What is wrong with starting with the belief that something is true and finding things that support that belief? Others might say, what is wrong with starting with the belief that something is false? I think each will find what they are looking for according to their belief.

    For many who believe the Book of Mormon is true and everything else that goes with it, they have been able to go to the source of all truth and receive a witness personal to them that these things are true.

    "Whatsoever ye shall ask the Father in my name [Jesus Christ], which is right, believing that ye shall receive, behold it shall be given unto you." (3 Nephi 18:20)

  • Andrew Ainsworth IRVINE, CA
    June 8, 2011 12:03 p.m.

    Ash should be embarrassed for advocating the most intellectually disingenuous methodology imaginable for evaluating whether a text is ancient. Ash starts by setting up a false dichotomy with two bad options and says we must choose one or the other: assume authenticity, or assume fraud. (We should assume neither.) Ash then makes a "two wrongs make a right" argument by saying we should assume authenticity because it's no less biased than assuming fraud. The problem is that when you assume a purported ancient text is authentic, you put an impossible burden on critics by requiring them to prove a negative. Nobody can prove that a band of ancient Israelites did not migrate to Japan, and nobody can prove that a band of ancient Israelites did not migrate to the Americas. Ash fails to point out that we could prove a positive--that Israelites did immigrate to Japan or America--by finding archaeological evidence it. However, Ash knows we don't have archaeological evidence of either migration. Yet under Ash's "better methodology" we must assume that any purported ancient book about Israelites in Japan (or America) is true until someone accomplishes the impossible by proving a negative.

  • KC Mormon Edgerton, KS
    June 8, 2011 11:28 a.m.

    sharrona
    The problem is less with the Greek than yours and those who only use modern translations of the Bible understanding of English. If you go to a dictionary you will find that the words you say are translated wrong are infact translated correctly people today just do not understand the many meanings of most words. What infact the modern translations have done is simply use more common words from todays language for fords people are to lazzy to look up to understand. As for Joseph plagerizing the line what you are then saying is that no other language other tha n Greeke can have that same thought. There you fail.
    As for the claim that I only addressed one minor claim by others last week I addressed 13 others If I were to addresses these same claims every week you would still not get the point that all the web calims mislead people trying to make things look like Joseph Smith copied full passiages from the Bible and the truth that is because they know people are too lazy to actualy take the time to look at them side by side and will just take their word.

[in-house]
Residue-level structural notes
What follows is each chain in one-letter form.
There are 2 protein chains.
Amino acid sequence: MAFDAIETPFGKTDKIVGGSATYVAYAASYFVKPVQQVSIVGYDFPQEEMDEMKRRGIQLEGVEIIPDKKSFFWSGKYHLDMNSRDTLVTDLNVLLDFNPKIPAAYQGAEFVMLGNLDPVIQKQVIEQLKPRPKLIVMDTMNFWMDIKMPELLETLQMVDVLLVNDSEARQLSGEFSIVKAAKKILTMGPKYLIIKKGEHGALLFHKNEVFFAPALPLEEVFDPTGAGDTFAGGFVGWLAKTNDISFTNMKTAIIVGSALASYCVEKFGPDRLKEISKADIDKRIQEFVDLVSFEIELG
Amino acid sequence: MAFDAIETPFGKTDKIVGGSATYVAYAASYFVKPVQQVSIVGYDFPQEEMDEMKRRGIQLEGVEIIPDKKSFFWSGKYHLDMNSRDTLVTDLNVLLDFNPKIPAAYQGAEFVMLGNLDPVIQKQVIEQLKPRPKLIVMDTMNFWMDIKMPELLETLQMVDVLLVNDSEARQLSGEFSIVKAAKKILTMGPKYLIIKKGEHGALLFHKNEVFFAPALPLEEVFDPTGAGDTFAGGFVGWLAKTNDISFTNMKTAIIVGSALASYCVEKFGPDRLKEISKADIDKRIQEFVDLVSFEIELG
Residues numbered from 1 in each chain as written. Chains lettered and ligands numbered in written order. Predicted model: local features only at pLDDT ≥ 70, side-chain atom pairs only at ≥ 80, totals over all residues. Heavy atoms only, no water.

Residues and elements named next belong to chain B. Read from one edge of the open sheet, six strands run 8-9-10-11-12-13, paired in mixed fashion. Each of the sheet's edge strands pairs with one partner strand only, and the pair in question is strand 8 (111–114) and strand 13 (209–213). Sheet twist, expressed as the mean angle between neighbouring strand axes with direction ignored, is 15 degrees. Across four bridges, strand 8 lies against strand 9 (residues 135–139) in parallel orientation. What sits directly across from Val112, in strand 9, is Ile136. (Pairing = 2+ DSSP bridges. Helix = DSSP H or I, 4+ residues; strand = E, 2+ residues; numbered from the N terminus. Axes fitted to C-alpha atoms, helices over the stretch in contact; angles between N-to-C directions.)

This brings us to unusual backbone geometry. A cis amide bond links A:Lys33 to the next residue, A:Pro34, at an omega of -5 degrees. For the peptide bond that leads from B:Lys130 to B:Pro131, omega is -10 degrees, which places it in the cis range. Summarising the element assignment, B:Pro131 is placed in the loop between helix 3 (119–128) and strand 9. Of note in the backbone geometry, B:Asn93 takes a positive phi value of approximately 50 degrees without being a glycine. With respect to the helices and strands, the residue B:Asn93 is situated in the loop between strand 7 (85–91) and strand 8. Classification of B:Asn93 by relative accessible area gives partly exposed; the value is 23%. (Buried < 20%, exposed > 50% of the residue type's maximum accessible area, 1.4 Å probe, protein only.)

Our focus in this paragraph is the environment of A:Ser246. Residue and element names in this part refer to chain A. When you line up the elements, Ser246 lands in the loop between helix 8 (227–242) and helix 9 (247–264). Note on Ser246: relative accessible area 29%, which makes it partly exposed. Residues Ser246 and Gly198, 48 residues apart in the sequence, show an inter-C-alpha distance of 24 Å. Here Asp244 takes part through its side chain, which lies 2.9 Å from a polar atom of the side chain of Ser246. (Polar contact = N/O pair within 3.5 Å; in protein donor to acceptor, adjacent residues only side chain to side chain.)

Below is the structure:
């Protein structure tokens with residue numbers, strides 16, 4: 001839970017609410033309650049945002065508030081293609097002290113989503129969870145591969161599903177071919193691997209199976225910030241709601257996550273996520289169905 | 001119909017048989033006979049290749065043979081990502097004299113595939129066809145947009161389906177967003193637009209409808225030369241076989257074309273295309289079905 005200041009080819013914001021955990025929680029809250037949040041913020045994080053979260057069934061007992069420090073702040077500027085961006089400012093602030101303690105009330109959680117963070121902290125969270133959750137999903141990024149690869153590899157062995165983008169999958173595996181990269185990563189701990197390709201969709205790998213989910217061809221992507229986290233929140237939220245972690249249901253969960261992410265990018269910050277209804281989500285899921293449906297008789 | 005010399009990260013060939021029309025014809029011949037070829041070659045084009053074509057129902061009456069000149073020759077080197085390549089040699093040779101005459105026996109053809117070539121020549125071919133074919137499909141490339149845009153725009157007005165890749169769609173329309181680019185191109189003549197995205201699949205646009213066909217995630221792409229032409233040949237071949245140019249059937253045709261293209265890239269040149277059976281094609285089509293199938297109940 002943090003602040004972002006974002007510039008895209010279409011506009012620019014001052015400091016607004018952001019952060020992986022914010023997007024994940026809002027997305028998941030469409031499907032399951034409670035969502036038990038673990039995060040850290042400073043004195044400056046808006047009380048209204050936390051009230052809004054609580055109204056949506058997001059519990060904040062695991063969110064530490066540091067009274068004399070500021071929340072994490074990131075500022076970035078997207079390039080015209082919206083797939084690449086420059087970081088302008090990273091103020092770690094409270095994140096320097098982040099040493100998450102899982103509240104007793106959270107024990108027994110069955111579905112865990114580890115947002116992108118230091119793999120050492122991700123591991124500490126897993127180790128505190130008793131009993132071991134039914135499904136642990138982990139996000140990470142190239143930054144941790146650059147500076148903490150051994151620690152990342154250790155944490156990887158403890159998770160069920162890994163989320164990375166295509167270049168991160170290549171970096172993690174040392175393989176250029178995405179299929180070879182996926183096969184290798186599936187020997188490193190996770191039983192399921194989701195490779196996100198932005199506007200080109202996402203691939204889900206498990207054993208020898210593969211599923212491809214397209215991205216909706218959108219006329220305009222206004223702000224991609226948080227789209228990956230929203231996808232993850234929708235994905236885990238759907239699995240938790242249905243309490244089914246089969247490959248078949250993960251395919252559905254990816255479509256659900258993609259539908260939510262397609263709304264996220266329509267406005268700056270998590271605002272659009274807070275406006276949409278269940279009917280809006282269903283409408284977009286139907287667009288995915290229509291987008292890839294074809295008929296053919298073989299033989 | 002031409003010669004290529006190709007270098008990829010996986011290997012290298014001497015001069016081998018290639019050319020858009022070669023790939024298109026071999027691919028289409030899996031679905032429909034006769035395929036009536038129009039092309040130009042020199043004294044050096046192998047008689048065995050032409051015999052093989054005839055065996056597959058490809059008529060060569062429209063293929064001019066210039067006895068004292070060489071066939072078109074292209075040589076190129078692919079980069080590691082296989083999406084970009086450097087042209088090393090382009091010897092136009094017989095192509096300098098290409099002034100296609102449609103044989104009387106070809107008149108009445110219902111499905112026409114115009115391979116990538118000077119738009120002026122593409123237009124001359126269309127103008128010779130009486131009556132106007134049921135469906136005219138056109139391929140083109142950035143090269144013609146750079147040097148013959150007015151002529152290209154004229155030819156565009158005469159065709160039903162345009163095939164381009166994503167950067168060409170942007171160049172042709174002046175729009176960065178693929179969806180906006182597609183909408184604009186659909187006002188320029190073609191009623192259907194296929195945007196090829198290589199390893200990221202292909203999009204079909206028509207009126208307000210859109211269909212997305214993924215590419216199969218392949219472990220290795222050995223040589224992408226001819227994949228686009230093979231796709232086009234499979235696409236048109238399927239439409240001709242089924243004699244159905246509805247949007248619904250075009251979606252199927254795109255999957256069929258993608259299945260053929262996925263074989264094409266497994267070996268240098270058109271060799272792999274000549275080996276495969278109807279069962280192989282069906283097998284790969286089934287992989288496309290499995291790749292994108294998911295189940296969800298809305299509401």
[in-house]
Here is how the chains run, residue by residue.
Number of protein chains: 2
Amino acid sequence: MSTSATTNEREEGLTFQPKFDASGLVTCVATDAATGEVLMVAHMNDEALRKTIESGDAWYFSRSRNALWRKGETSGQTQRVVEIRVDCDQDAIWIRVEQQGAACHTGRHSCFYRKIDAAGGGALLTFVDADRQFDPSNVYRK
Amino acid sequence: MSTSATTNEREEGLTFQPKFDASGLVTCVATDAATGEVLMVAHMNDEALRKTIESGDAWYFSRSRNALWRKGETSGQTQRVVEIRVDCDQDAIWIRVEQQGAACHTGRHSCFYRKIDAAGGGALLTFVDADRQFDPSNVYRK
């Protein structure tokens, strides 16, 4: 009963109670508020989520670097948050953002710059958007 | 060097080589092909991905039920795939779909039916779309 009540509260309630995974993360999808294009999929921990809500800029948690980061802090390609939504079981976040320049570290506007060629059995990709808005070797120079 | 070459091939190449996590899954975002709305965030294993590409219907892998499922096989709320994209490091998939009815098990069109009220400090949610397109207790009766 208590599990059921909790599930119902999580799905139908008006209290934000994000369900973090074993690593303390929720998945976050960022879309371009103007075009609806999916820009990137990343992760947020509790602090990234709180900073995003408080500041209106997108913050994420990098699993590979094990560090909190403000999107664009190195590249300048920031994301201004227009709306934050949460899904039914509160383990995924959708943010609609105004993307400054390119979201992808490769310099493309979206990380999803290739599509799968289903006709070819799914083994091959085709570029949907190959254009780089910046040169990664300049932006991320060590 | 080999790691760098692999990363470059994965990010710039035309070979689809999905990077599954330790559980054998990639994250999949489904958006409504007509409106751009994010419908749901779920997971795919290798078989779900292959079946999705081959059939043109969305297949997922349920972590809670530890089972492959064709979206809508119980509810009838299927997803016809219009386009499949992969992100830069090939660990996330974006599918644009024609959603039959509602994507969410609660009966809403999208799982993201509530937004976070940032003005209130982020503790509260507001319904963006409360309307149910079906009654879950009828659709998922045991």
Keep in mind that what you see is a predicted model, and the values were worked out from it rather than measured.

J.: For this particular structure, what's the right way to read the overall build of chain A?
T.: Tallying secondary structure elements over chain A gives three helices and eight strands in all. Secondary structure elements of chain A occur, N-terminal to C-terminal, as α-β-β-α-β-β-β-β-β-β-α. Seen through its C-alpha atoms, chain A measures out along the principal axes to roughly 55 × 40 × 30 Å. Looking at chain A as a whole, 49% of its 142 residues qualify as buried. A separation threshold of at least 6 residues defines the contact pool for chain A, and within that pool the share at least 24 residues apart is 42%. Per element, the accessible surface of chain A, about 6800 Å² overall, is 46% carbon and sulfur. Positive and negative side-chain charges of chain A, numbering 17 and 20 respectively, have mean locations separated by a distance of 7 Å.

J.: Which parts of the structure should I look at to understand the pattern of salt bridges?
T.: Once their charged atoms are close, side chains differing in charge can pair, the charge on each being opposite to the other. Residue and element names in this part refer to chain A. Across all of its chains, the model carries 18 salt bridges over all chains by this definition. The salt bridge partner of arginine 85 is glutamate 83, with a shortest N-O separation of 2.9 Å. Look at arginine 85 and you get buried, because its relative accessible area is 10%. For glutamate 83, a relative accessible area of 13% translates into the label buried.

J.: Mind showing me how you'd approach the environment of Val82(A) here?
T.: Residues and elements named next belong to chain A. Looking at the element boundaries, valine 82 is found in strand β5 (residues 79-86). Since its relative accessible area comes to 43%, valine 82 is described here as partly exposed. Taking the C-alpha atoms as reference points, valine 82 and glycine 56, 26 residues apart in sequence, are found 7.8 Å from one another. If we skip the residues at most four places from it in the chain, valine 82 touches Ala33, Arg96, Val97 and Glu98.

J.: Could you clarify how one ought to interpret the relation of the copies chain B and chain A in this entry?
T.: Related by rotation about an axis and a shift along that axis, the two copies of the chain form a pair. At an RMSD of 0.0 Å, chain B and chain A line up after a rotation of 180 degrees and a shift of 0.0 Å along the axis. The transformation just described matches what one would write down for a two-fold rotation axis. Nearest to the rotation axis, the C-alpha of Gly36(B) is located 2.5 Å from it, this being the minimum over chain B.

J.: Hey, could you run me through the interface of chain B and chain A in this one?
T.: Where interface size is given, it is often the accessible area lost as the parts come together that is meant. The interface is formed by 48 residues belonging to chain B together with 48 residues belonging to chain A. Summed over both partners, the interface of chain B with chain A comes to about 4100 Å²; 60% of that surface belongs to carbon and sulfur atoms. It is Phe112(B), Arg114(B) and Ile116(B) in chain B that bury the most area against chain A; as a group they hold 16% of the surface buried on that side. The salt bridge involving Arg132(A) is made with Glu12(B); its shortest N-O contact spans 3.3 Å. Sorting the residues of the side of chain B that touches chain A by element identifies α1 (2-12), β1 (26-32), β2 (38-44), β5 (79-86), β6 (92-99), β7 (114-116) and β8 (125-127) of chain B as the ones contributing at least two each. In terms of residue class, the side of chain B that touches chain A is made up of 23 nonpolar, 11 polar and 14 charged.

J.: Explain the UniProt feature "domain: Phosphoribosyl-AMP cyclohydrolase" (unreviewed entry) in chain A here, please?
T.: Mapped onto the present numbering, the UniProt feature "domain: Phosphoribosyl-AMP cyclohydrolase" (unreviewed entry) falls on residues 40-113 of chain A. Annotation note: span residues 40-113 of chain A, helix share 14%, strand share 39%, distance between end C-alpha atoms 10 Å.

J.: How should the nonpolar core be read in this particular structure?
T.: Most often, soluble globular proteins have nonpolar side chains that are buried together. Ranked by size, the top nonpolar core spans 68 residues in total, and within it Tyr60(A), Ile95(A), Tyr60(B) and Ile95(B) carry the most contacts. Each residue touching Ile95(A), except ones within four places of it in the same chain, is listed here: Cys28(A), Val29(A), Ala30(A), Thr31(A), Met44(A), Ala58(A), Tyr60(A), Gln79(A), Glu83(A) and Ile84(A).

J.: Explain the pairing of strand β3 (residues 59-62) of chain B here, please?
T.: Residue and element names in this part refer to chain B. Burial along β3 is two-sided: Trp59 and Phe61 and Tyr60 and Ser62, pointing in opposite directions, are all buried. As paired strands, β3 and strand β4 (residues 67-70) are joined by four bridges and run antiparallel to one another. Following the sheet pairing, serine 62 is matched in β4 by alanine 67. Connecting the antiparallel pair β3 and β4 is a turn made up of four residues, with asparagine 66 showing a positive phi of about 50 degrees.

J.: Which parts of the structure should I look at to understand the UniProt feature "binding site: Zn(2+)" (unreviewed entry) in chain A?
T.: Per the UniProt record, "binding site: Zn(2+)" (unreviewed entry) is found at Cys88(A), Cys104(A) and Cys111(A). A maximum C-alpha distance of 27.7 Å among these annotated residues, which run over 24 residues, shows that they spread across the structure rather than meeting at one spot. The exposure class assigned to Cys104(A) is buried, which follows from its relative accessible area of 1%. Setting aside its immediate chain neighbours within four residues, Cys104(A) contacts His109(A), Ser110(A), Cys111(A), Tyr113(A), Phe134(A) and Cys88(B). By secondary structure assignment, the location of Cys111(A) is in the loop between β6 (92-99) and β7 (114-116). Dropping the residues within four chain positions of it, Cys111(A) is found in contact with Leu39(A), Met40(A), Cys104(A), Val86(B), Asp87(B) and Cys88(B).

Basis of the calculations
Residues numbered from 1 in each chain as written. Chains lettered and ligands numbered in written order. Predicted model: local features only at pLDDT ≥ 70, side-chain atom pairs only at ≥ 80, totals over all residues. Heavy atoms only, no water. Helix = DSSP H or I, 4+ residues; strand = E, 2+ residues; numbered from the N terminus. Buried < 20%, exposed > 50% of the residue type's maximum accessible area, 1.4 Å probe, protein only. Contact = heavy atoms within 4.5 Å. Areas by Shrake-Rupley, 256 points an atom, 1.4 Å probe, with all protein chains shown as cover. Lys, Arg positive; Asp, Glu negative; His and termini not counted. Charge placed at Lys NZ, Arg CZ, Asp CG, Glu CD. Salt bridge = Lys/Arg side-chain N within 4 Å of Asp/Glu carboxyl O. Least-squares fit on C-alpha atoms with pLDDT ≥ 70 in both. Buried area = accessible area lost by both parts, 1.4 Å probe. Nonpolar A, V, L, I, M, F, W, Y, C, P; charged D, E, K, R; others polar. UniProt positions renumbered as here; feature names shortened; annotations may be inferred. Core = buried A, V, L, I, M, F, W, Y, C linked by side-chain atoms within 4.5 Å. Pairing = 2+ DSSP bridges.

• Enola BOUNTIFUL, UT
    June 8, 2011 10:49 a.m.

    Okay, so let's proceed with Ash's hypothesis. Starting with the idea that the book was written by ancient authors, the next step is to attempt to falsify that hypothesis. Something tells me we won't see Ash moving on to that step.

    The problem with that hypothesis is that it isn't even what the book claims to be. It is not the writings of ancients, but Joseph's claimed interpretation of the writings of ancients. That makes Ash's hypothesis meaningless.

    E.g. If a critic points out an anachronism in the Book that falsifies the hypothesis, then the answer of the apologist is that the translation is in Joseph's own words, so the anachronism is not problematic. (Ash has used this exact defense before in these articles.) However, such a position makes the supposedly falsifiable hypothesis to be completely without use. Ash is practicing poor science if it can be called science at all.

  • sharrona layton, UT
    June 8, 2011 10:11 a.m.

    Bill in Nebraska, You misunderstood my comment, LORD(all capitals) is the KJV O.T. reference to the Hebrew word YHWH or Jehovah. Lord is reference to adonai(sir master).
    JST makes a significant doctrinal by failing to understand and differentiate the Hebrew words in the text in Genesis JST(Moses). Examples: and the LORD(YHWH *,3068)God(Elohim, singular*430) called unto Adam(Genesis 3:9 KJV);the LORD(YHWH)God (Elohim ,singular 430)make coats of skins(Genesis 3:21 KJV).. Google Strongs concordance Hebrew (# 430௼)

    God saves,Jesus saves= Jesus is God. Does the Bible contradict Mormonism? "the love of God because he laid down his life for us(1John 3:16 KJV).Jesus said to Peterfor flesh and blood hath not revealed it unto thee, but my father which is in heaven(Mt 16:17 KJV)

    I was not referring to the Septuagint, Greek O.T. though the Septuagint was the (real)Apostles Bible, though JS uses many Greek words in Genesis.

    (JS) I completed the translation and review of the N.T. on the 2nd of February, 1833(HofC v.1 p.324,1833).

  • Zack Tacorin Salt Lake City, UT
    June 8, 2011 10:00 a.m.

    Jeff at 9:48 p.m. June 7, 2011 said, "Some scholars are reportedly beginning to believe that the book is an ancient book".

    I'm very curious about these scholars. Can you point us to their claims to believe the book is an ancient work?